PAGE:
BACKGROUND - Myocarditis is an uncommon, but potentially fatal, toxicity of immune checkpoint inhibitors (ICI). Myocarditis after ICI has not been well characterized.
OBJECTIVES - The authors sought to understand the presentation and clinical course of ICI-associated myocarditis.
METHODS - After observation of sporadic ICI-associated myocarditis cases, the authors created a multicenter registry with 8 sites. From November 2013 to July 2017, there were 35 patients with ICI-associated myocarditis, who were compared to a random sample of 105 ICI-treated patients without myocarditis. Covariates of interest were extracted from medical records including the occurrence of major adverse cardiac events (MACE), defined as the composite of cardiovascular death, cardiogenic shock, cardiac arrest, and hemodynamically significant complete heart block.
RESULTS - The prevalence of myocarditis was 1.14% with a median time of onset of 34 days after starting ICI (interquartile range: 21 to 75 days). Cases were 65 ± 13 years of age, 29% were female, and 54% had no other immune-related side effects. Relative to controls, combination ICI (34% vs. 2%; p < 0.001) and diabetes (34% vs. 13%; p = 0.01) were more common in cases. Over 102 days (interquartile range: 62 to 214 days) of median follow-up, 16 (46%) developed MACE; 38% of MACE occurred with normal ejection fraction. There was a 4-fold increased risk of MACE with troponin T of ≥1.5 ng/ml (hazard ratio: 4.0; 95% confidence interval: 1.5 to 10.9; p = 0.003). Steroids were administered in 89%, and lower steroids doses were associated with higher residual troponin and higher MACE rates.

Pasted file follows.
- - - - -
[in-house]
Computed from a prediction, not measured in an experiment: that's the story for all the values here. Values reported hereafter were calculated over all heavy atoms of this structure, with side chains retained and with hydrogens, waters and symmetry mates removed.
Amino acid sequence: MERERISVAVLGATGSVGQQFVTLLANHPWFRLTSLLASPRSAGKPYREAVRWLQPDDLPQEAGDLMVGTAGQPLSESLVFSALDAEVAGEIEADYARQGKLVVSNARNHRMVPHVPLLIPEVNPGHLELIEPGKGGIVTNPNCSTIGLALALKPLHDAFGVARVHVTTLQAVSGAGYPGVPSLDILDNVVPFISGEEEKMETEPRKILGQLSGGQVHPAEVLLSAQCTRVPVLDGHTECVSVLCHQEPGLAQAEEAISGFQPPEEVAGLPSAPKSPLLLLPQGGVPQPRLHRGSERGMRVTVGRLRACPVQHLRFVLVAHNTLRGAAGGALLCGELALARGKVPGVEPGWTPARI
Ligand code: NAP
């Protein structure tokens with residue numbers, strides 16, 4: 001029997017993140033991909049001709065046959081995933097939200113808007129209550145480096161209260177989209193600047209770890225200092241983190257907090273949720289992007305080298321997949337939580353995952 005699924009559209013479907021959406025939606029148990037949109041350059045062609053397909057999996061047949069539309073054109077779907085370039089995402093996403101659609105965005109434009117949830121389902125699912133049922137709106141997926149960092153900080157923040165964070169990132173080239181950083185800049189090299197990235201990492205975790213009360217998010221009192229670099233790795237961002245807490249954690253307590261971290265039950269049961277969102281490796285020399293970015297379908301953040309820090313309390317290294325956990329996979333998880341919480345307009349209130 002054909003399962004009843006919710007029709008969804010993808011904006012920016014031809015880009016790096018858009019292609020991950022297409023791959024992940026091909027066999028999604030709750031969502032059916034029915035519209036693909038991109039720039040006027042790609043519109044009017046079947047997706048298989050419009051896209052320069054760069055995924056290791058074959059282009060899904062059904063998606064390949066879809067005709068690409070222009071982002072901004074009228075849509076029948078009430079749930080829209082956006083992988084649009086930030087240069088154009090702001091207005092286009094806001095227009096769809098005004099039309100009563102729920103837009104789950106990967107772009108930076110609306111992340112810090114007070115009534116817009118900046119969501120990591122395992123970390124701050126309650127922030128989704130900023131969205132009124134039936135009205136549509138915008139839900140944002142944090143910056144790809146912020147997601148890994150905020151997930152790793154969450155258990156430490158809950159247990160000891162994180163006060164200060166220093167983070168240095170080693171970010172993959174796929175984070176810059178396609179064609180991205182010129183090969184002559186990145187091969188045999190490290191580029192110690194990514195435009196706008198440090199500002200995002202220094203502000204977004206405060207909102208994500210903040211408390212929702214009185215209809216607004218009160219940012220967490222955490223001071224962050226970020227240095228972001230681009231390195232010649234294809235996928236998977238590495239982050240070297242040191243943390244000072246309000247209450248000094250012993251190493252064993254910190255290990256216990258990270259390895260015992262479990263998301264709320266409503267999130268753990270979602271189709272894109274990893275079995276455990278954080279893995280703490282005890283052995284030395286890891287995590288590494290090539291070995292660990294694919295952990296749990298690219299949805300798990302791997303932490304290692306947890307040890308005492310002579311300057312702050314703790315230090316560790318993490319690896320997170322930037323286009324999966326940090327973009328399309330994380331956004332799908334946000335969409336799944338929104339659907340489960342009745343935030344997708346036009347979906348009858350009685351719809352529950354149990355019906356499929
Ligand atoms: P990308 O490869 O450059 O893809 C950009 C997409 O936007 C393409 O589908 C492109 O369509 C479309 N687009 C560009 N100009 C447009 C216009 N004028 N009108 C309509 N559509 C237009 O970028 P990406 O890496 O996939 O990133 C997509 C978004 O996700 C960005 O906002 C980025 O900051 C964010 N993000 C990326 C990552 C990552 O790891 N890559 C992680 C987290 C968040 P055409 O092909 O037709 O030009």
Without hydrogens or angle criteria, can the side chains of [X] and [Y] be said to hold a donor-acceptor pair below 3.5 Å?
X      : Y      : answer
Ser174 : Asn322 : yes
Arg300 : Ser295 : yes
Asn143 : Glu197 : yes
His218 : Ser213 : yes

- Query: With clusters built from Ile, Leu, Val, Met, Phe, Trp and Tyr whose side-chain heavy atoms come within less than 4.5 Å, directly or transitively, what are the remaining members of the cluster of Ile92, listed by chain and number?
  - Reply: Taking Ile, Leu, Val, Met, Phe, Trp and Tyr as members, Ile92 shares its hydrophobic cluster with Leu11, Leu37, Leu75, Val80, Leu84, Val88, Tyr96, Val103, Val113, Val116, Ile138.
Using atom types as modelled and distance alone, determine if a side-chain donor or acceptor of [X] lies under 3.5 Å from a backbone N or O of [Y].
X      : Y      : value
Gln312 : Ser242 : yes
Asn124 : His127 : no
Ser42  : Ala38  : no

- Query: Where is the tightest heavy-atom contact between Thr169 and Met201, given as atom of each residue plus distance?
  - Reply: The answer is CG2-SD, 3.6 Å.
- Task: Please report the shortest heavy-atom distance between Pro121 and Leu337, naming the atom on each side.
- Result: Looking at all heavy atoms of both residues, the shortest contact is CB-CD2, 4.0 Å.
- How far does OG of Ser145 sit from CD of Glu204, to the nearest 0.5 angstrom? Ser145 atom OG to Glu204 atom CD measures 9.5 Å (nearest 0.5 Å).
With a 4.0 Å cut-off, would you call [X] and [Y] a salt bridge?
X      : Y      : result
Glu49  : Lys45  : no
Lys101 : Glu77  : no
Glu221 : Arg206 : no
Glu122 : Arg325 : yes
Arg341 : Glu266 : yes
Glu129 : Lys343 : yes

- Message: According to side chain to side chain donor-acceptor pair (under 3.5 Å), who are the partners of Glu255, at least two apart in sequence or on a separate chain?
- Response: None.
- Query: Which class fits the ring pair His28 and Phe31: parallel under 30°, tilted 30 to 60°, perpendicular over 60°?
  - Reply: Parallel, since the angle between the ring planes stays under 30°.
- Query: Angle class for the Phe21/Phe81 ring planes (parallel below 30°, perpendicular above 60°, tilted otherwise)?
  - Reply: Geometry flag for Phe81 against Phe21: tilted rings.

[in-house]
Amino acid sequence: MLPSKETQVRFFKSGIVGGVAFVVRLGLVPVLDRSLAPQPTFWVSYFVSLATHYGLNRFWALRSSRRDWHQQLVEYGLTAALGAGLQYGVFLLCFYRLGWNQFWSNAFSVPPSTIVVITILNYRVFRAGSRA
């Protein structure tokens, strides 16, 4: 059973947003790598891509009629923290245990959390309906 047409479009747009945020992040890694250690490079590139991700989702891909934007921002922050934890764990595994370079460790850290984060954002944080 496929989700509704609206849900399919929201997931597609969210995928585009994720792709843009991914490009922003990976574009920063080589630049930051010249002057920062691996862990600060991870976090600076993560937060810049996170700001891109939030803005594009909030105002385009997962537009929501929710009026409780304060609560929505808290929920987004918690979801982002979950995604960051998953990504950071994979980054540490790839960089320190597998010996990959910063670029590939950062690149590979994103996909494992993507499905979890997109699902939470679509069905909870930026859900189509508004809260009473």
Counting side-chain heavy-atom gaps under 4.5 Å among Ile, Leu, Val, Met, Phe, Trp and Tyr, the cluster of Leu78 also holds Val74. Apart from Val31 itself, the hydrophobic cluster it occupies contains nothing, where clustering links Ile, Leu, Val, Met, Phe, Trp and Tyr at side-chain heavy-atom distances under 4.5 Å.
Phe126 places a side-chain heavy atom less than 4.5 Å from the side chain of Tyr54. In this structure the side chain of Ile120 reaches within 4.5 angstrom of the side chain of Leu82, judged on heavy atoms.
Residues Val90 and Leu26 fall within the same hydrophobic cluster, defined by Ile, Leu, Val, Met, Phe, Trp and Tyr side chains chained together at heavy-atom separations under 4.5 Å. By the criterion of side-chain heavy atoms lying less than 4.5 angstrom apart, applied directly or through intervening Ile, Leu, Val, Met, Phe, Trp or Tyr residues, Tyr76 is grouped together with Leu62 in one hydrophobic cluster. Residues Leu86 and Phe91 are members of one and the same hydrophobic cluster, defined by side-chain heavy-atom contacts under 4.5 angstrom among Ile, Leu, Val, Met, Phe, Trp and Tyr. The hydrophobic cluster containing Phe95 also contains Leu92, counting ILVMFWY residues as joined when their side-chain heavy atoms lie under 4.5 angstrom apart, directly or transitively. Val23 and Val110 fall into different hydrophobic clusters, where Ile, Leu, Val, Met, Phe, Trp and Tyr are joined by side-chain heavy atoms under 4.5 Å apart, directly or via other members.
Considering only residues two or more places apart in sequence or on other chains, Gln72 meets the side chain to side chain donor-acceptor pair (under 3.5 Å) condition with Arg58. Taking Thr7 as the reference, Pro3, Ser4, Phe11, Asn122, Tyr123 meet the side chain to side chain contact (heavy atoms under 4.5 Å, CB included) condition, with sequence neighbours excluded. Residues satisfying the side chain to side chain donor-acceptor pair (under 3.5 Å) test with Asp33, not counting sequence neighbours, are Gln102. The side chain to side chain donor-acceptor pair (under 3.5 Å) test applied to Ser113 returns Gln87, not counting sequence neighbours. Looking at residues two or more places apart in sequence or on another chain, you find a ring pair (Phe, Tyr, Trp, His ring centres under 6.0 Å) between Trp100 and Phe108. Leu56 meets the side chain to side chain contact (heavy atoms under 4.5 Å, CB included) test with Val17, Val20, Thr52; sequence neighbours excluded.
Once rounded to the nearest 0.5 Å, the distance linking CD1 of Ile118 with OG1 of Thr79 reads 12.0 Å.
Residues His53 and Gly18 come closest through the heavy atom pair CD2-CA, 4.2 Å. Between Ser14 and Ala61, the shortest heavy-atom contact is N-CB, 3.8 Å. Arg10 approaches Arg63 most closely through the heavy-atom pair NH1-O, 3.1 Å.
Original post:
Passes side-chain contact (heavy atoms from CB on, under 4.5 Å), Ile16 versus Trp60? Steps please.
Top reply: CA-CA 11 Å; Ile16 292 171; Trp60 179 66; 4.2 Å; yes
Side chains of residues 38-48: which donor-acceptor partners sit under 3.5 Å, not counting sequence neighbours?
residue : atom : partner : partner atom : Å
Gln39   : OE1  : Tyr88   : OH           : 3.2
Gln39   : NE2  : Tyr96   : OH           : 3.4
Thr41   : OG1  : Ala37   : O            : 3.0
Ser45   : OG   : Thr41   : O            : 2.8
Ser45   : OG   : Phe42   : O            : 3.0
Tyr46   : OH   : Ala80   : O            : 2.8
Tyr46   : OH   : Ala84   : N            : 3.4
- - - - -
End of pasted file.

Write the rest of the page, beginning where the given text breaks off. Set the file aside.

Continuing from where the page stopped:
CONCLUSIONS - Myocarditis after ICI therapy may be more common than appreciated, occurs early after starting treatment, has a malignant course, and responds to higher steroid doses.
Copyright © 2018 American College of Cardiology Foundation. Published by Elsevier Inc. All rights reserved.